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Home | Culture | Art | Interview: Rob Birchfield (Artist)

Interview: Rob Birchfield (Artist)

Please tell us how you got started and when you knew you wanted to be an artist?

Like a lot of people I drew a lot as a kid. In the first grade my parents were called up to school because I wouldn’t do any work. Every time they gave me something to do I would turn the paper over and draw Frankenstein. At the time my Frankenstein was 3 squares with a crack down the top of the biggest square. When I was 11 I discovered a place by my house that sold drafting supplies. I learned about things like different grades of pencils and different types of erasers and started doing realistic pencil drawings. It was exciting. At 13 I walked into an actual art supply store for the first time and saw rows and rows of paint and pastels and markers and that was it. All those colors. My life literally changed that day.

Who has influenced you in life professionally?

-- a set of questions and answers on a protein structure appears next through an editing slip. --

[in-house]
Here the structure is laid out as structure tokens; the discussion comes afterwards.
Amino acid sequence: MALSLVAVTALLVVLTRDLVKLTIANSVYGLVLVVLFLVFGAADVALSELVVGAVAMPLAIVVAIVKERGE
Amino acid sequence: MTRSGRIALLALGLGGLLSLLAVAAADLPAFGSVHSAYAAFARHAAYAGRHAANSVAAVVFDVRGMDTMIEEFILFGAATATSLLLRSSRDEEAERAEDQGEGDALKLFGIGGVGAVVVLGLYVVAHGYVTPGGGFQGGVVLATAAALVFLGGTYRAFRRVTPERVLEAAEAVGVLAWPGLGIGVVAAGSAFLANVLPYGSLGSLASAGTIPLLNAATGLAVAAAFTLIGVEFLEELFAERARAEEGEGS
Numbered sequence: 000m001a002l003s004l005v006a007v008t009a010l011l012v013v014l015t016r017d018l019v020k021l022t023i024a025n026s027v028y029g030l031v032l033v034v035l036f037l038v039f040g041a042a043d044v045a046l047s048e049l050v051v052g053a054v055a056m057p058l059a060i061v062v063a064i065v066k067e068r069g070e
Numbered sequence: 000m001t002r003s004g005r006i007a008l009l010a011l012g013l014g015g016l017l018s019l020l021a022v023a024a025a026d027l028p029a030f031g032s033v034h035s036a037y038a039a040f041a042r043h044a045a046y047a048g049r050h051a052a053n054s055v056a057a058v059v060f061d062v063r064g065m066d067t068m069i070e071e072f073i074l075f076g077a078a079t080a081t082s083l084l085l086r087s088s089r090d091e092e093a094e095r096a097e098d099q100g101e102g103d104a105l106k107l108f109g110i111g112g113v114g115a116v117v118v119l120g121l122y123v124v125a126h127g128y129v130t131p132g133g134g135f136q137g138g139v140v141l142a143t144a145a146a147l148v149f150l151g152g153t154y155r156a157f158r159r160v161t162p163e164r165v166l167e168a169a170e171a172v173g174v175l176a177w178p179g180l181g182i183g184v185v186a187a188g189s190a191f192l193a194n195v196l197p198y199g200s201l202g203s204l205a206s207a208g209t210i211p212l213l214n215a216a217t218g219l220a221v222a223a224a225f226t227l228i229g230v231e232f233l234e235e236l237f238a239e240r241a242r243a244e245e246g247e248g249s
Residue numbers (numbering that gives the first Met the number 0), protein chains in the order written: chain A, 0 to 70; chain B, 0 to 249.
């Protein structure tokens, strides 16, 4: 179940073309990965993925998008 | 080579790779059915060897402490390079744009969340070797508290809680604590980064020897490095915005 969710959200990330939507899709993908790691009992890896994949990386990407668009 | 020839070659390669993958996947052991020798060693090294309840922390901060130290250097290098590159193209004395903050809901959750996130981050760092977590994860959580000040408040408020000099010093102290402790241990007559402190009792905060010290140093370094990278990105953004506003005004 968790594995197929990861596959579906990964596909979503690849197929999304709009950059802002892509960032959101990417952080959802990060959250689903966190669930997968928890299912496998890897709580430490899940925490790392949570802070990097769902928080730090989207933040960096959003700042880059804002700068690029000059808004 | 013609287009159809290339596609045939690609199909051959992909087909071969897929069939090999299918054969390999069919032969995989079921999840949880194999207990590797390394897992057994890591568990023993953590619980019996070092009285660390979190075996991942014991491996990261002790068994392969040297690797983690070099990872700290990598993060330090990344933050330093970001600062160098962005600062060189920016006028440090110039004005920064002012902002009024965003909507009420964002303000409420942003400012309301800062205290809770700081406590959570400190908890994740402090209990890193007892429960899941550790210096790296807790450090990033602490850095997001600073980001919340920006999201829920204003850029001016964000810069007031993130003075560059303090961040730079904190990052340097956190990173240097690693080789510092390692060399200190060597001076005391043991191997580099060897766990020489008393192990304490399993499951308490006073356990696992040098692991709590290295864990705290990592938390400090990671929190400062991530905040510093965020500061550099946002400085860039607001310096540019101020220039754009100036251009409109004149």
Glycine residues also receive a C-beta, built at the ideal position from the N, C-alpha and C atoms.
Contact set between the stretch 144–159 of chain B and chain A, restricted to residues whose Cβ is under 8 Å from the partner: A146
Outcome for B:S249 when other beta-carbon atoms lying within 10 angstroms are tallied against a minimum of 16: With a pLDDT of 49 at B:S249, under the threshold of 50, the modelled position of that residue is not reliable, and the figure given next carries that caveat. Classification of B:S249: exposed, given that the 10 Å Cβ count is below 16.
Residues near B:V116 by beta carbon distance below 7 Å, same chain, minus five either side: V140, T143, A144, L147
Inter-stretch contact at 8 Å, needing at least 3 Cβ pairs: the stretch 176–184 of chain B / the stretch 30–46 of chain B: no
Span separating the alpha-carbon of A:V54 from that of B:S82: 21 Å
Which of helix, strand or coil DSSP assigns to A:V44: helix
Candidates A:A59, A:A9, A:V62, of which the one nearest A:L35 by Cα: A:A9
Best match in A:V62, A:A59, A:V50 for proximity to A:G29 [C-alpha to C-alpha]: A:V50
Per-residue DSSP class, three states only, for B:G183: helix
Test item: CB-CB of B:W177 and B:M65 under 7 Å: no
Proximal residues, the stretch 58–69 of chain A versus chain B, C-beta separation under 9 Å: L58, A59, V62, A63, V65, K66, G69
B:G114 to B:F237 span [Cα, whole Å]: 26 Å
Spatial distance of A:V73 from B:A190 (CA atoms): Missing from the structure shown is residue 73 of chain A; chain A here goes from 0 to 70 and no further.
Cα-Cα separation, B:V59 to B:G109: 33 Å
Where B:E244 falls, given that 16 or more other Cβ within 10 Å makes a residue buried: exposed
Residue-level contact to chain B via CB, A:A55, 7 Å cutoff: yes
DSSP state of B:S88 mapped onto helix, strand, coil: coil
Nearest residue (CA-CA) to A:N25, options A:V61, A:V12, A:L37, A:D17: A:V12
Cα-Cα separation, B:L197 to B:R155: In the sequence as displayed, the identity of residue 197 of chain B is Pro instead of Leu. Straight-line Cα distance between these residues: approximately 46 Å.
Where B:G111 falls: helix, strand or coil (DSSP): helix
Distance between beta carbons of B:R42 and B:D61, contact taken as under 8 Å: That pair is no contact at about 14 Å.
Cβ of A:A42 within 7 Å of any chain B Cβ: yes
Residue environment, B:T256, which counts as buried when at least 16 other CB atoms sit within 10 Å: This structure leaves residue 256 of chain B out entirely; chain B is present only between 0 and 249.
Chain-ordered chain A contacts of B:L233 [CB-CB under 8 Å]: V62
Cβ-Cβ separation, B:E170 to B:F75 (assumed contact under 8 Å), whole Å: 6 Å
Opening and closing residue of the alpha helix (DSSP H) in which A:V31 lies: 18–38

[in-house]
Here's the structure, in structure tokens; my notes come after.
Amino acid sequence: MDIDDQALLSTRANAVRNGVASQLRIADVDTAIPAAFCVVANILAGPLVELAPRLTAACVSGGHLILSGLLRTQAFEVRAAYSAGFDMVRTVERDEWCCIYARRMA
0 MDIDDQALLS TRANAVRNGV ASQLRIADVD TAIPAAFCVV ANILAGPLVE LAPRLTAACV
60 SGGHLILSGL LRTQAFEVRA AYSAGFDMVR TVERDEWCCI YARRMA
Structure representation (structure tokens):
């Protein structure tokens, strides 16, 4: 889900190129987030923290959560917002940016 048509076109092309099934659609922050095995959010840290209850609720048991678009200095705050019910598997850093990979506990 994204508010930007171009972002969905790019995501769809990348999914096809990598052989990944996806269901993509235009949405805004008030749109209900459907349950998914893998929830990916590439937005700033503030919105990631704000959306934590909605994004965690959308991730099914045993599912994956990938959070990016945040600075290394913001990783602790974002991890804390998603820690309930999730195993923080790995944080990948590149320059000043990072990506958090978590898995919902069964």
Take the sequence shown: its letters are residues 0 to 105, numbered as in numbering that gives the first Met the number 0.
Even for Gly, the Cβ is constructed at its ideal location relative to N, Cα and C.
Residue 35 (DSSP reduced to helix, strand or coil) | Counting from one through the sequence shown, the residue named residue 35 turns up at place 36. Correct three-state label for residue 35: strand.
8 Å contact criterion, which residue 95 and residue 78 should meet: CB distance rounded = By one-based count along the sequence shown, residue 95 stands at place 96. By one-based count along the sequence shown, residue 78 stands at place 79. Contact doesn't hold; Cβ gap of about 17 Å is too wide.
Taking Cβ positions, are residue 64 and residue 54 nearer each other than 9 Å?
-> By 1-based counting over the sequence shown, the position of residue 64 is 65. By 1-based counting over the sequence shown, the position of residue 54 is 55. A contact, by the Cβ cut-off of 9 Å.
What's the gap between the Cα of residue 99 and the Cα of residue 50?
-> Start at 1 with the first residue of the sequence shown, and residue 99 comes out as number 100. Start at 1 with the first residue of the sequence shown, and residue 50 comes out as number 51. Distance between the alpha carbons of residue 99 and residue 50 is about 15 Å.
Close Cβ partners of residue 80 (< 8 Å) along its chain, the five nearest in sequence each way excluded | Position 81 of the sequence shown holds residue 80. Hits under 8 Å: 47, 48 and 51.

Basil Gogos. Hands down number one influence as far as the stuff I’m doing right now and the impact another artist’s work has had on mine. As far as other artists there‘s so many. I know artists like most guys know football players or UFC fighters and I think they all influence me to some degree. Caravaggio is my all time favorite. I’m also influenced by any artist that puts out a lot of work. The motivation and discipline influences me. Also, artists who aren’t professionals or even aspiring to be. People who draw and paint strictly because they enjoy the process and aren‘t motivated by money or success. It’s inspiring to see someone do a piece of art, post it and get 10 or 15 likes and not be phased and get right back to creating. What it looks like doesn’t even matter. It’s the passion that inspires me.